LET US RETURN to material culture and the stairway effect. The objects and implements of labor are parts, subsystems of the system we have called the "super-being,'' which emerges with the development of human society. Now we shall simply call this super-being culture, meaning by this both its physical ''body'' and its method of functioning (''physiology''), depending on the context. Therefore, the objects and implements of labor are subsystems of culture. They may possess their own complex structure and, depending upon how they are used, they may be part of larger subsystems of culture which also have their own internal structures.

Specifically, the division of material subsystems into objects of labor and implements of labor (tools) is in itself profoundly meaningful and reflects the structure of production. When a human being applies tool B to objects of a certain class A, this tool, together with objects A, forms a metasystem, in relation to subsystems A. Indeed. subsystem B acts directly upon subsystems A and is specially created for this purpose. (Of course, this action does not take place without the participation of the human hand and mind, which are part of any production system.) Thus, the appearance of a tool for working on certain objects that had not previously been worked on is a metasystem transition within the production system. As we have seen, the ability to create tools is one of the first results of the development of human traits; and because the human being remains the permanent moving force of the production system, the metasystem transition from object of labor to implement of labor may be repeated as many times as one likes. After having created tool B to work on objects in class A the human being begins to think of ways to improve the tool and manufactures tool C to use in making tools of class B. He does not stop here; he makes tool D to improve tools of class C, and so on. The implement of labor invariably becomes an object of labor. This is the stairway effect. It is important to assimilate the very principle of making tools (learning to climb up a step). After this assimilation everything follows of its own accord: the production system becomes an ultrametasystem capable of development. The result of this process is modern industry, a highly complex multilevel system which uses natural materials and step by step converts them into its ''body''--structures, machines, and instruments--just as the living organism digests the food it has eaten.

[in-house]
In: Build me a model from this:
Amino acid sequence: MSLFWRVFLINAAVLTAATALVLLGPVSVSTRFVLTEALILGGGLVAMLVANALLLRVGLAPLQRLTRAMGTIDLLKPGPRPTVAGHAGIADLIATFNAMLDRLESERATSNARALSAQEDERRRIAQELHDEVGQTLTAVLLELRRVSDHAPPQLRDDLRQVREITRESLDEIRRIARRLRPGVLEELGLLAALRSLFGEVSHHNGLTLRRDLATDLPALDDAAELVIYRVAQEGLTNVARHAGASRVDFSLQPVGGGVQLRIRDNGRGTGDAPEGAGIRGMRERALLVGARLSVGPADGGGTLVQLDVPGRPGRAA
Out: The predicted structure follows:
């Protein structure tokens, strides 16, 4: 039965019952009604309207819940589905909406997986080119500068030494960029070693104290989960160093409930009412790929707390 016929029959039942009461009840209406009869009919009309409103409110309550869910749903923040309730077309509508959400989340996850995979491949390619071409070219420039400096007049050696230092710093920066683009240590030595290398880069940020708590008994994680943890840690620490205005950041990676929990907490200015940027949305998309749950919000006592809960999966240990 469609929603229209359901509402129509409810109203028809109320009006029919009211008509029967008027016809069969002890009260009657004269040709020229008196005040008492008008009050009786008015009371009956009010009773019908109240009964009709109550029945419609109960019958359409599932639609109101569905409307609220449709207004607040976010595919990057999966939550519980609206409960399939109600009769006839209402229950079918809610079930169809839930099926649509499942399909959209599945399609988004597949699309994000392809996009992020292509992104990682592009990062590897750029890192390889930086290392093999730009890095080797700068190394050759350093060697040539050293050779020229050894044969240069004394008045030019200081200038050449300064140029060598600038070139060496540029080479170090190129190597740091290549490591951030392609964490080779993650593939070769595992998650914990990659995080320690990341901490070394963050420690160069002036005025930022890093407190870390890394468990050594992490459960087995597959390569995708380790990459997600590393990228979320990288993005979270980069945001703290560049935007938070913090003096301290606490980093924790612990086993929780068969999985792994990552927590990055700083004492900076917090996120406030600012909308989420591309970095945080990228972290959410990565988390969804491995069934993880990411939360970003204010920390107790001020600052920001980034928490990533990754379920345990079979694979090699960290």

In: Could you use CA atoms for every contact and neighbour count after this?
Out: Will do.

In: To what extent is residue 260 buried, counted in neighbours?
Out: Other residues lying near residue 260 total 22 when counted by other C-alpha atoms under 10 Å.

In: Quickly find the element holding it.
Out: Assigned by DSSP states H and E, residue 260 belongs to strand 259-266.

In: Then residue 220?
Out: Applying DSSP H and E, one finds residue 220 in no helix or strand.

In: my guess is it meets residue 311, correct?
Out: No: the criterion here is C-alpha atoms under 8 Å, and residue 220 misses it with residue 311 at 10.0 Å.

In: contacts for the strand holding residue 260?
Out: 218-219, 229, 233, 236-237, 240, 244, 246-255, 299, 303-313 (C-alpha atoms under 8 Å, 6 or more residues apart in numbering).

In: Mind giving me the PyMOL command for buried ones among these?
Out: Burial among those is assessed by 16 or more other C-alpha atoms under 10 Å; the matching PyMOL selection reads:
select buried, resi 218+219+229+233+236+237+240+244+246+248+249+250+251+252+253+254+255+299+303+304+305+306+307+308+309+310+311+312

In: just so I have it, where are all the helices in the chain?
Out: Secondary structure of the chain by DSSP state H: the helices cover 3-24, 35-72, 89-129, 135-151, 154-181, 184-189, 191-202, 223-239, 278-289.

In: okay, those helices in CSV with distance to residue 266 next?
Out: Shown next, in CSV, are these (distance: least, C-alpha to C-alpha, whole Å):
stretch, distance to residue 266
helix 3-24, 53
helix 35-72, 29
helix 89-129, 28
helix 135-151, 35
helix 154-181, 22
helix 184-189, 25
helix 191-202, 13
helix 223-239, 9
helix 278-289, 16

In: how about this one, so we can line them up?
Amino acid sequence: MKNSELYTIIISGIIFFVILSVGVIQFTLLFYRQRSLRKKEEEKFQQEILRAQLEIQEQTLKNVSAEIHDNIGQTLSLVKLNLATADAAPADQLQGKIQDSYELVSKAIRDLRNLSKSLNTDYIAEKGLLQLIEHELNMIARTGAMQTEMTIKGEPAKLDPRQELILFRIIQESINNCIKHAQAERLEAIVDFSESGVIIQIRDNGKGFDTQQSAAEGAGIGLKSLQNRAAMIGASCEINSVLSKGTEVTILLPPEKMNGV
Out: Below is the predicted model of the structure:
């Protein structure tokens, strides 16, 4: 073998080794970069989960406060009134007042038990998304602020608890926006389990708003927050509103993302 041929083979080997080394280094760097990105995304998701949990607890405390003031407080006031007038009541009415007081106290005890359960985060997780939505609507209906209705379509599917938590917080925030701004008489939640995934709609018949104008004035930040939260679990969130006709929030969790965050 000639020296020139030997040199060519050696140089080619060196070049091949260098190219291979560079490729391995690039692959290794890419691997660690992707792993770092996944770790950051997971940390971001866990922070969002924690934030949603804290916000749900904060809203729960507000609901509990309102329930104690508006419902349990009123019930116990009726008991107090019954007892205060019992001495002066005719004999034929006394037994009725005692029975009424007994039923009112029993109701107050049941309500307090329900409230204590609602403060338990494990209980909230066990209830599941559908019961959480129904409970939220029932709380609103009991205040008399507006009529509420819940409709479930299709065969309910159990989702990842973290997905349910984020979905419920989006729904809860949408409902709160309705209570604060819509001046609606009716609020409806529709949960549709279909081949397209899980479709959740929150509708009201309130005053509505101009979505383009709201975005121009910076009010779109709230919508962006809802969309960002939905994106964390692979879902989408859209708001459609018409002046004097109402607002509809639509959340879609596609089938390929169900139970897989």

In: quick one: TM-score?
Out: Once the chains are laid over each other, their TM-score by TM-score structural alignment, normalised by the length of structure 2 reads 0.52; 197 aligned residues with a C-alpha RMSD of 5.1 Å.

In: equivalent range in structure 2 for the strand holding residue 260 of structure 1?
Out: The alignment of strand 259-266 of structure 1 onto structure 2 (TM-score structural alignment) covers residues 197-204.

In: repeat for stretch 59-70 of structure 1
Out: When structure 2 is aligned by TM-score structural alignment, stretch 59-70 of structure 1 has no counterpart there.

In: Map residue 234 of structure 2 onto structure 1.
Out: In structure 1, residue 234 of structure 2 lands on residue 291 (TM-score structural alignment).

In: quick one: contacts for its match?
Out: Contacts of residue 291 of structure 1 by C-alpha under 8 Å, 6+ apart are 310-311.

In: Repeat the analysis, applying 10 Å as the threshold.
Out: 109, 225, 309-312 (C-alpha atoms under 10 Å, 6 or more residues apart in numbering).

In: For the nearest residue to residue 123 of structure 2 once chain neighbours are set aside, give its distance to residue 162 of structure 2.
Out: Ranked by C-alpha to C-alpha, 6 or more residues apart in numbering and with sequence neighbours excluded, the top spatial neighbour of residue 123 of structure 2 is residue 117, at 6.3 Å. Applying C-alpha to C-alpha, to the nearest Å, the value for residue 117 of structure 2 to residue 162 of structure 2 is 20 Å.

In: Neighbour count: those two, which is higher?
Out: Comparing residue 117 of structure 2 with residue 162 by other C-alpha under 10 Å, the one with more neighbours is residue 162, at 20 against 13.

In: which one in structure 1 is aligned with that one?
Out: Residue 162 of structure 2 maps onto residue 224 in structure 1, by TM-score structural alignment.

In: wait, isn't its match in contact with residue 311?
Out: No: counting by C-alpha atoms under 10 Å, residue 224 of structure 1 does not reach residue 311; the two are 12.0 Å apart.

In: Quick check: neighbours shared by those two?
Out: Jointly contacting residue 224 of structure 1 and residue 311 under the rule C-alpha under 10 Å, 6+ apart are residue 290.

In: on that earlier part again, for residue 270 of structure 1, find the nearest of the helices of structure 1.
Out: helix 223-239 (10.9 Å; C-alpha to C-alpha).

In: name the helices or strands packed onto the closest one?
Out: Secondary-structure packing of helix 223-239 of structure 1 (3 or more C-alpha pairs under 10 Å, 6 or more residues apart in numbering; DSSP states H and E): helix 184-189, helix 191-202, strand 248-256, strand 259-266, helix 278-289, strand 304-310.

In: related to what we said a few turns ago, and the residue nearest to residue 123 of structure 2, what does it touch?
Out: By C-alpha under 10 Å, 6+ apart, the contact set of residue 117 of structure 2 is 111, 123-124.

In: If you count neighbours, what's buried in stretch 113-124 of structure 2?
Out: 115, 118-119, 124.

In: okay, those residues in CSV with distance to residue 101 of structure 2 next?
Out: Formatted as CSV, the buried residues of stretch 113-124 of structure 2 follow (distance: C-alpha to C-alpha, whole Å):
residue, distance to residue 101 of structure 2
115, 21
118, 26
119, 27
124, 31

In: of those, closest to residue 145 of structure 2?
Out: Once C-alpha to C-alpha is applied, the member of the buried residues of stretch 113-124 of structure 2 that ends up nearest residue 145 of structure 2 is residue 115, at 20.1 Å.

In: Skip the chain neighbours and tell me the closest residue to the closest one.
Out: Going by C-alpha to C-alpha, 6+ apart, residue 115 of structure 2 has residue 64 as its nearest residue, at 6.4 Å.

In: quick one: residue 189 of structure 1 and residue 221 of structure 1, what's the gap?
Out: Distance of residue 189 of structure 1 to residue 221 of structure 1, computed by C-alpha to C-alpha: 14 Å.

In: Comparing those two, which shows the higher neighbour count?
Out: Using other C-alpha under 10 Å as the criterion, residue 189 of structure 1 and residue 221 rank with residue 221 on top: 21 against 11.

LET US CONSTRUCT a general outline of the development of material culture. The history of culture before the emergence of metalworking is divided into two ages: the Paleolithic (Old Stone Age) and the Neolithic (New Stone Age). In each age distinct cultures are identified, which differ by geographic region and the time of their existence. The cultures which have been found by archaeological excavation have been given names derived from the names of the places where they were first discovered.

Traces of Paleolithic culture have been found in many regions of Europe, Asia, and Africa. They enable us to confidently make a periodization of the development of culture in the Paleolithic and divide the age into a number of stages (epochs) which are universally important for all geographic regions.

The most ancient stages are the so-called Chellean, followed by the Acheulean and then the Mousterian. These three stages are joined together under the common name Lower (or Early) Paleolithic. The beginning of the Lower Paleolithic is dated about 700,000 years ago and the end (the late Mousterian culture) is dated about 40,000 years ago.

The Chellean and Acheulean cultures know just one type of stone tool--the hand ax. The Chellean hand ax is very primitive; it is a stone crudely flaked on two sides, resembling a modern axhead in shape and size. The typical Acheulean hand ax is smaller and much better made; it has carefully sharpened edges. In addition, signs of the use of fire are found at Acheulean sites.